Ending Discrimination

$15 minimum wage and fairer employment coming to Ontario

May 30, 2017

The Canadian Labour Congress joins workers’ advocates celebrating today’s announcement that the Ontario government will raise the provincial minimum wage to $15 an hour by 2019, and reform the province’s employment standards and labour relations laws to improve fairness for all workers.

“Raising the minimum wage to $15 will support millions of Ontario workers – thirty percent of the province – who are currently earning less than that and struggling to afford basic necessities like rent, transportation, and groceries,” said Canadian Labour Congress President Hassan Yussuff.

Unions also celebrated the announced changes to the Employment Standards Act to make it easier for workers to balance work and family commitments, and make ends meet, including:

  • Equal pay for equal work protections for part-time workers;
  • Fairer rules for scheduling, including a new regulation that will require employers to pay an employee for three hours of work if their shift is cancelled with less than 48 hours’ notice;
  • Access to 10 days of Personal Emergency Leave per year (two paid); and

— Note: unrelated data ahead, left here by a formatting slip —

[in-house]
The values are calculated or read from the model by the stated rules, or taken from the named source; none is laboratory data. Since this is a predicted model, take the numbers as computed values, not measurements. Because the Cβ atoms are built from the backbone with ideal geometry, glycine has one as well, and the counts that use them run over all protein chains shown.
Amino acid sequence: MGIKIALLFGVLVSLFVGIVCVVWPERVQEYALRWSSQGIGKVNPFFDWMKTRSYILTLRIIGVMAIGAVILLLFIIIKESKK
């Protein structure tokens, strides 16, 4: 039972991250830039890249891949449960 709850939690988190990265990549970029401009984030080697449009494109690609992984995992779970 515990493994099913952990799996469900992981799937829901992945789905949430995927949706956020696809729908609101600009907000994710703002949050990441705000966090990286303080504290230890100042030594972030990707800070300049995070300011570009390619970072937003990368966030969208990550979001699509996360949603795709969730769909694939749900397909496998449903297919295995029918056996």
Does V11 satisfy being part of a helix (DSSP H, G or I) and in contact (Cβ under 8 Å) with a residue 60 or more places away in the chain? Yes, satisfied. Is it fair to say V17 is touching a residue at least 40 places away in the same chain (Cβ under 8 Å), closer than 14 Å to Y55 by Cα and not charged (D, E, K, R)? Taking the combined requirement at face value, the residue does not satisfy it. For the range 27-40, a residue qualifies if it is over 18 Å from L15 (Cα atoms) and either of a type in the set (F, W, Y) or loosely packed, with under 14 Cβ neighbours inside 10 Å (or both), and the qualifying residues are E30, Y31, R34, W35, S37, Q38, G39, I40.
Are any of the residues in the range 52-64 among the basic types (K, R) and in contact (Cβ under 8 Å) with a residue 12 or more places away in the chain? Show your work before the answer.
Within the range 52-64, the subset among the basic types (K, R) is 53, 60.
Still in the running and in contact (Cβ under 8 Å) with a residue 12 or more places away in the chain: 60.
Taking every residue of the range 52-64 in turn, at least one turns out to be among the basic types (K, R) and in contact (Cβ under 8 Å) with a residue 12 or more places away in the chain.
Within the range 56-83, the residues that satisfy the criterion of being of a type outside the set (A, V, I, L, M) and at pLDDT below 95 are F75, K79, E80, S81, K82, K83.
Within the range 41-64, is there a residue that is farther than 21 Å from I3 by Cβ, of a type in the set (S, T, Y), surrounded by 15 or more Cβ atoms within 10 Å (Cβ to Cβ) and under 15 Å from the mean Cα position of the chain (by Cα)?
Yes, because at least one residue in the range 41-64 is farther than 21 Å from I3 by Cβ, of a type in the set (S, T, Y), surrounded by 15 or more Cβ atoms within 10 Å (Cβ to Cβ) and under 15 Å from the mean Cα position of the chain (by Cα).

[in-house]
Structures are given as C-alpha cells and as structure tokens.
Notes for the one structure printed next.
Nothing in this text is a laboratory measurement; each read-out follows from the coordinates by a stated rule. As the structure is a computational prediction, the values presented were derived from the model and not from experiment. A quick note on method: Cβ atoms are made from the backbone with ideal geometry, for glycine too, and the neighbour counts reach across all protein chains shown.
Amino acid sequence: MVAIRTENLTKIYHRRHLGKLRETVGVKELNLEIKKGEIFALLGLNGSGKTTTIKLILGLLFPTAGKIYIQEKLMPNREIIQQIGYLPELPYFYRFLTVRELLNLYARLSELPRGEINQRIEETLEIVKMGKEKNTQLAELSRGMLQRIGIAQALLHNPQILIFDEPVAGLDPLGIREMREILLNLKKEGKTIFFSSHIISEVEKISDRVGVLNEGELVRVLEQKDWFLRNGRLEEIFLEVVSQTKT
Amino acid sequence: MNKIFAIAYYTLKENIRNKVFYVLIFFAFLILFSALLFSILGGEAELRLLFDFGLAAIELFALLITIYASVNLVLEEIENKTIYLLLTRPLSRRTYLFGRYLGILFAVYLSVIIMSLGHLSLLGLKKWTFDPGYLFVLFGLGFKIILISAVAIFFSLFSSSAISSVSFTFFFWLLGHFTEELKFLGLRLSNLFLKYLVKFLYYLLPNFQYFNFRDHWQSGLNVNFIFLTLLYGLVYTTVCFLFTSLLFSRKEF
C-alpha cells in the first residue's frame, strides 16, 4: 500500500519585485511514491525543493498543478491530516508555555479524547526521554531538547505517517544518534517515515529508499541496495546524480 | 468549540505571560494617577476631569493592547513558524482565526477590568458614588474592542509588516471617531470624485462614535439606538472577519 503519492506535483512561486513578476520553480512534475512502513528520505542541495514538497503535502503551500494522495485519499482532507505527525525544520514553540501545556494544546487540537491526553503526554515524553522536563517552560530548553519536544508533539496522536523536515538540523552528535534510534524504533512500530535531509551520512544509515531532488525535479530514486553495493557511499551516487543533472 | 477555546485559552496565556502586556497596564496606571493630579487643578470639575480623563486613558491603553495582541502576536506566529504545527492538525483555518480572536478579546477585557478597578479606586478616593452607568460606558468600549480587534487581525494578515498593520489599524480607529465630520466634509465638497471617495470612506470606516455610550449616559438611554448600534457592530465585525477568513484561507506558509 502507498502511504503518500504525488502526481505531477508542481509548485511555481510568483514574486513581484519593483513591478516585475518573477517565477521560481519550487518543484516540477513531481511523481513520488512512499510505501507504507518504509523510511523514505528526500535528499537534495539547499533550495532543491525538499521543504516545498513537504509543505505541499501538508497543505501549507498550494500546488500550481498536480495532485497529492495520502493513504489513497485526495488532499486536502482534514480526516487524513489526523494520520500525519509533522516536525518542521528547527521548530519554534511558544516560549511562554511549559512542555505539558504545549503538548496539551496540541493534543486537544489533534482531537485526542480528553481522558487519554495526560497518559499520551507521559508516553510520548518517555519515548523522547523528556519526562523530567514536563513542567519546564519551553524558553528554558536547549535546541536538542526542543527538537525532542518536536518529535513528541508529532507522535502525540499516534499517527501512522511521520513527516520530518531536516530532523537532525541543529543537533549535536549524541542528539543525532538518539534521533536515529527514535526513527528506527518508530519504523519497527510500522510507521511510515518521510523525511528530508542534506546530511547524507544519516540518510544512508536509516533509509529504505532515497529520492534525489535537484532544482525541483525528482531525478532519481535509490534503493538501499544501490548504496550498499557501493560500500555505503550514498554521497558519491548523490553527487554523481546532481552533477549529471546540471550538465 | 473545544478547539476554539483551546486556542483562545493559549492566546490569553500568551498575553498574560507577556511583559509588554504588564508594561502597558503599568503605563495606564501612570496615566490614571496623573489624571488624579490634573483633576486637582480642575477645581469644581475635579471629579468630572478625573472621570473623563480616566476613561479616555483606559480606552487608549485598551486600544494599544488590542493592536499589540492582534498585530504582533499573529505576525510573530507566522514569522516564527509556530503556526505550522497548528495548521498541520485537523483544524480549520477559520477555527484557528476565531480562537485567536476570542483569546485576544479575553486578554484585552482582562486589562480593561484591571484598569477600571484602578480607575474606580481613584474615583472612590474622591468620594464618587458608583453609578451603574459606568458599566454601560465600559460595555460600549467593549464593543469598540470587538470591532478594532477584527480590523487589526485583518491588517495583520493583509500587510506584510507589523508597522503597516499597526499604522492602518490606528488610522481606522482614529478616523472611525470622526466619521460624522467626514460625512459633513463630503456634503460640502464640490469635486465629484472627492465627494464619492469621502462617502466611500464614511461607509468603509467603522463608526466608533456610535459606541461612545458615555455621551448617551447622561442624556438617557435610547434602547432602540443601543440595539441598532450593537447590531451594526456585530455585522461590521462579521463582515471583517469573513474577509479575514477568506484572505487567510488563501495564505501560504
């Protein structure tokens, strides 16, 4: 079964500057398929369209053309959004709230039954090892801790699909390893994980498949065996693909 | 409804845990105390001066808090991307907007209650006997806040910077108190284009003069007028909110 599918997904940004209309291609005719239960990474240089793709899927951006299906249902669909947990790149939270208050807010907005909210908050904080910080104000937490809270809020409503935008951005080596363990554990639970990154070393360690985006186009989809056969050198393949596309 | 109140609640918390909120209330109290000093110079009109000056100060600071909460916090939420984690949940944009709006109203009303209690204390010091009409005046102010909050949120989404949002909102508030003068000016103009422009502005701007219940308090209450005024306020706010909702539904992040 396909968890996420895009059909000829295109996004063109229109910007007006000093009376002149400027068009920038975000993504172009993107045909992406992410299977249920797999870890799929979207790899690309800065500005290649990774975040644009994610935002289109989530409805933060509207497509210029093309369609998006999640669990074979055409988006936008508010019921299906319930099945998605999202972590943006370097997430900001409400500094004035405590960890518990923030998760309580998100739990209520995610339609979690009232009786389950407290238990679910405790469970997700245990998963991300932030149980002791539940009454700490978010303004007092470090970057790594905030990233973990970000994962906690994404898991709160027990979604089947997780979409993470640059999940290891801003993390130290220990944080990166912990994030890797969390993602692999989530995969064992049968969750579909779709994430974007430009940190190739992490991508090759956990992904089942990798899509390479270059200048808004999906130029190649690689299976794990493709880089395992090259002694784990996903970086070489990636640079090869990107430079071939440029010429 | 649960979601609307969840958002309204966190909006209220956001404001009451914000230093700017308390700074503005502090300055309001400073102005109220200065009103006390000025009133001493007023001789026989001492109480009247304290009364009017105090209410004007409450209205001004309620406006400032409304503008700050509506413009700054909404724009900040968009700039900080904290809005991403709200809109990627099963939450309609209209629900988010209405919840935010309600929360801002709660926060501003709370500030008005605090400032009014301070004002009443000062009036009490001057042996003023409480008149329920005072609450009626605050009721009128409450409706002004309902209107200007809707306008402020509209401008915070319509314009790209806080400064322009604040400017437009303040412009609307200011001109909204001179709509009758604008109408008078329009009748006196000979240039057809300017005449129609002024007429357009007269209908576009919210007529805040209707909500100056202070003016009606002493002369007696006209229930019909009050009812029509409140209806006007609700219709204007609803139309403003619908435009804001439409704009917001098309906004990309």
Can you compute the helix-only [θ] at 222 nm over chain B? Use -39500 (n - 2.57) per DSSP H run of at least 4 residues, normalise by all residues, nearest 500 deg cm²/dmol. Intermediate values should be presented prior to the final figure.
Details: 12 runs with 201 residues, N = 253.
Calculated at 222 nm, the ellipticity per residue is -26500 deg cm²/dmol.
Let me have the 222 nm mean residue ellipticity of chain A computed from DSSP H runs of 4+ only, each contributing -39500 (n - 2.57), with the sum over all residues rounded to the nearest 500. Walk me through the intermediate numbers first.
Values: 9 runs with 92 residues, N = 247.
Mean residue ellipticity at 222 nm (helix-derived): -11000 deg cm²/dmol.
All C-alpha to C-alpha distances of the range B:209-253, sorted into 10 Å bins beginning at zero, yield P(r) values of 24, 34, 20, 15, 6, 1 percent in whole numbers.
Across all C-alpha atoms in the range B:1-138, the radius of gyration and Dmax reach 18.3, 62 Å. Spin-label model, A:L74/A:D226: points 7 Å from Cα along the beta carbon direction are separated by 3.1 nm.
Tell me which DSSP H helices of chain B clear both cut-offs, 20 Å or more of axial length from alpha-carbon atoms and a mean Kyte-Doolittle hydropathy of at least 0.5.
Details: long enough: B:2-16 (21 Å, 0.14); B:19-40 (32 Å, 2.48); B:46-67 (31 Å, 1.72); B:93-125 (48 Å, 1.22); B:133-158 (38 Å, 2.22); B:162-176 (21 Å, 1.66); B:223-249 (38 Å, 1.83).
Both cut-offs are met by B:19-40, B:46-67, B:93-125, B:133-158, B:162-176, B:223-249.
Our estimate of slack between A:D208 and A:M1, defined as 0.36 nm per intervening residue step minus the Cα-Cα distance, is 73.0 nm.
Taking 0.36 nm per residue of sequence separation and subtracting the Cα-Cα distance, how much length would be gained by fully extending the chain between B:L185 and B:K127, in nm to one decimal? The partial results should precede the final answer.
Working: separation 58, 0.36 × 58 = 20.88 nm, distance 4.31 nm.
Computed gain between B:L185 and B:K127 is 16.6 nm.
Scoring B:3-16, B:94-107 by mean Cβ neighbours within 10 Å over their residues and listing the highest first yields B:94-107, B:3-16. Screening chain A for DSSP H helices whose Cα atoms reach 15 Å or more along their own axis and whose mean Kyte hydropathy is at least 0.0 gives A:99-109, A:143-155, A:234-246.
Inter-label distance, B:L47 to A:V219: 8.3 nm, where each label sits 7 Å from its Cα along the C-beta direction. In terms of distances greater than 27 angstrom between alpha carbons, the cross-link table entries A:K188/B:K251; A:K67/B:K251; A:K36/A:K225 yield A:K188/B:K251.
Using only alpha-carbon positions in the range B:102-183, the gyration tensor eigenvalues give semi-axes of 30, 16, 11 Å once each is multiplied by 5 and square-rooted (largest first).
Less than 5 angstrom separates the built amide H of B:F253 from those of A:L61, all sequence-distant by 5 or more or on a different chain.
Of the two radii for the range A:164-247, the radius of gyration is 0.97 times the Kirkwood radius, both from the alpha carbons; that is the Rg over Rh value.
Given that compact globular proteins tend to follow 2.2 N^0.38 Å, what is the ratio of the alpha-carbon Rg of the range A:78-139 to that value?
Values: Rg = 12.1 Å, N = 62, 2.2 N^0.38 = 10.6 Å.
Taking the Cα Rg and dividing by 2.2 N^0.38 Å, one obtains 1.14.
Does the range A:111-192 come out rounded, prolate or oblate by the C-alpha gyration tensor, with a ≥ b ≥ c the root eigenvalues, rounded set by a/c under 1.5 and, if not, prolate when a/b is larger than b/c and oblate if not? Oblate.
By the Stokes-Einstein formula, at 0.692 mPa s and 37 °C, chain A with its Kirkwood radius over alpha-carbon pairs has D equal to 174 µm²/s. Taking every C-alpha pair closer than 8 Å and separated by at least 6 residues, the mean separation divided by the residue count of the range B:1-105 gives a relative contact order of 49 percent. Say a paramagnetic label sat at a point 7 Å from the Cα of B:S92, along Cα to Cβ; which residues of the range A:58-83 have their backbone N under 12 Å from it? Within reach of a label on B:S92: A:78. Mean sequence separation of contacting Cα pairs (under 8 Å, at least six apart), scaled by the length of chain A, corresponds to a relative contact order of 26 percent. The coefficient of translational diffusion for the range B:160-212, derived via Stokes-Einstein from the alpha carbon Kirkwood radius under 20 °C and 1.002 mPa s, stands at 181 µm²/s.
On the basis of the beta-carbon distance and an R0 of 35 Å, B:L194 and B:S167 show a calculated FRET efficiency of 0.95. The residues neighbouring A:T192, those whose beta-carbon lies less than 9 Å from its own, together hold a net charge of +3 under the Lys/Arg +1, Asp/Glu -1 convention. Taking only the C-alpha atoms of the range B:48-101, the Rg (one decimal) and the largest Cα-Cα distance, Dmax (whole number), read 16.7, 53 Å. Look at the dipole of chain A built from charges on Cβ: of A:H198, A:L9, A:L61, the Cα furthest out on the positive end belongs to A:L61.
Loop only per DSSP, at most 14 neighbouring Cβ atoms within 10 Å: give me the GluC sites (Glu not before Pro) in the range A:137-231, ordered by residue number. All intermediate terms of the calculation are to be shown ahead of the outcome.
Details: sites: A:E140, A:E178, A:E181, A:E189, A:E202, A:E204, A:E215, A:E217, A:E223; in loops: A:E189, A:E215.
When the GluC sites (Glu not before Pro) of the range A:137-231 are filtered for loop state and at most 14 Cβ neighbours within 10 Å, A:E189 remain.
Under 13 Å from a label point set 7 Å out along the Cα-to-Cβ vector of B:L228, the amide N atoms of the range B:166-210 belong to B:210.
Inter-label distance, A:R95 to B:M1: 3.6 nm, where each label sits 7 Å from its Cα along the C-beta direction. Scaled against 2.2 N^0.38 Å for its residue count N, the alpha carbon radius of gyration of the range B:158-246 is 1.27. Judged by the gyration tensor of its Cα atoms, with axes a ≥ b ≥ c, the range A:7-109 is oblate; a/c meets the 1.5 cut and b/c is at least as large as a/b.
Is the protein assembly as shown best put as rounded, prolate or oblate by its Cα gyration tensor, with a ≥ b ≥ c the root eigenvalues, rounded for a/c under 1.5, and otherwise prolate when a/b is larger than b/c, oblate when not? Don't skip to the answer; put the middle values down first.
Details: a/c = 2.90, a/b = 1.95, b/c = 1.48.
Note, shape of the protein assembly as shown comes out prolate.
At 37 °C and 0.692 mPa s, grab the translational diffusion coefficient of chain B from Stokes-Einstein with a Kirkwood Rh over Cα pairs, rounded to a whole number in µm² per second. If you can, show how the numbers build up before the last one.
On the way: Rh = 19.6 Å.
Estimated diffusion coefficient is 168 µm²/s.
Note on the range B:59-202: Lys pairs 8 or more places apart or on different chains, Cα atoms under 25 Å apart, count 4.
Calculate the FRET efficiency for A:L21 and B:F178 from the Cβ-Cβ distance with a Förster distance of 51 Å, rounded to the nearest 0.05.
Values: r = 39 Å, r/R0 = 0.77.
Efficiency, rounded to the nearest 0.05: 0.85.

• Three weeks of paid vacation (up from two) after five years with one employer.

“The Ontario economy is strong and these changes will only make it stronger by supporting workers and their families to make ends meet, decreasing turnover, and increasing productivity,” said Yussuff.

However, Yussuff said there are still areas for improvement. For example, unions had pushed for shifts to be scheduled two weeks in advance, access to paid vacation to start sooner, and better paid time off for workers experiencing domestic violence.

Unions had also hoped the changes would go further to reform the province’s Labour Relations Act. Today’s announcement commits to extending card-check certification to three particularly vulnerable sectors – the temporary help agency industry, the building services sector, and home care and community services – but still leaves other workers open to employer intimidation during a union certification drive.

“There is still work to do, but we’re pleased with the changes announced today and hope this begins a process of further improvements for Ontario workers and their families,” Yussuff said.

 

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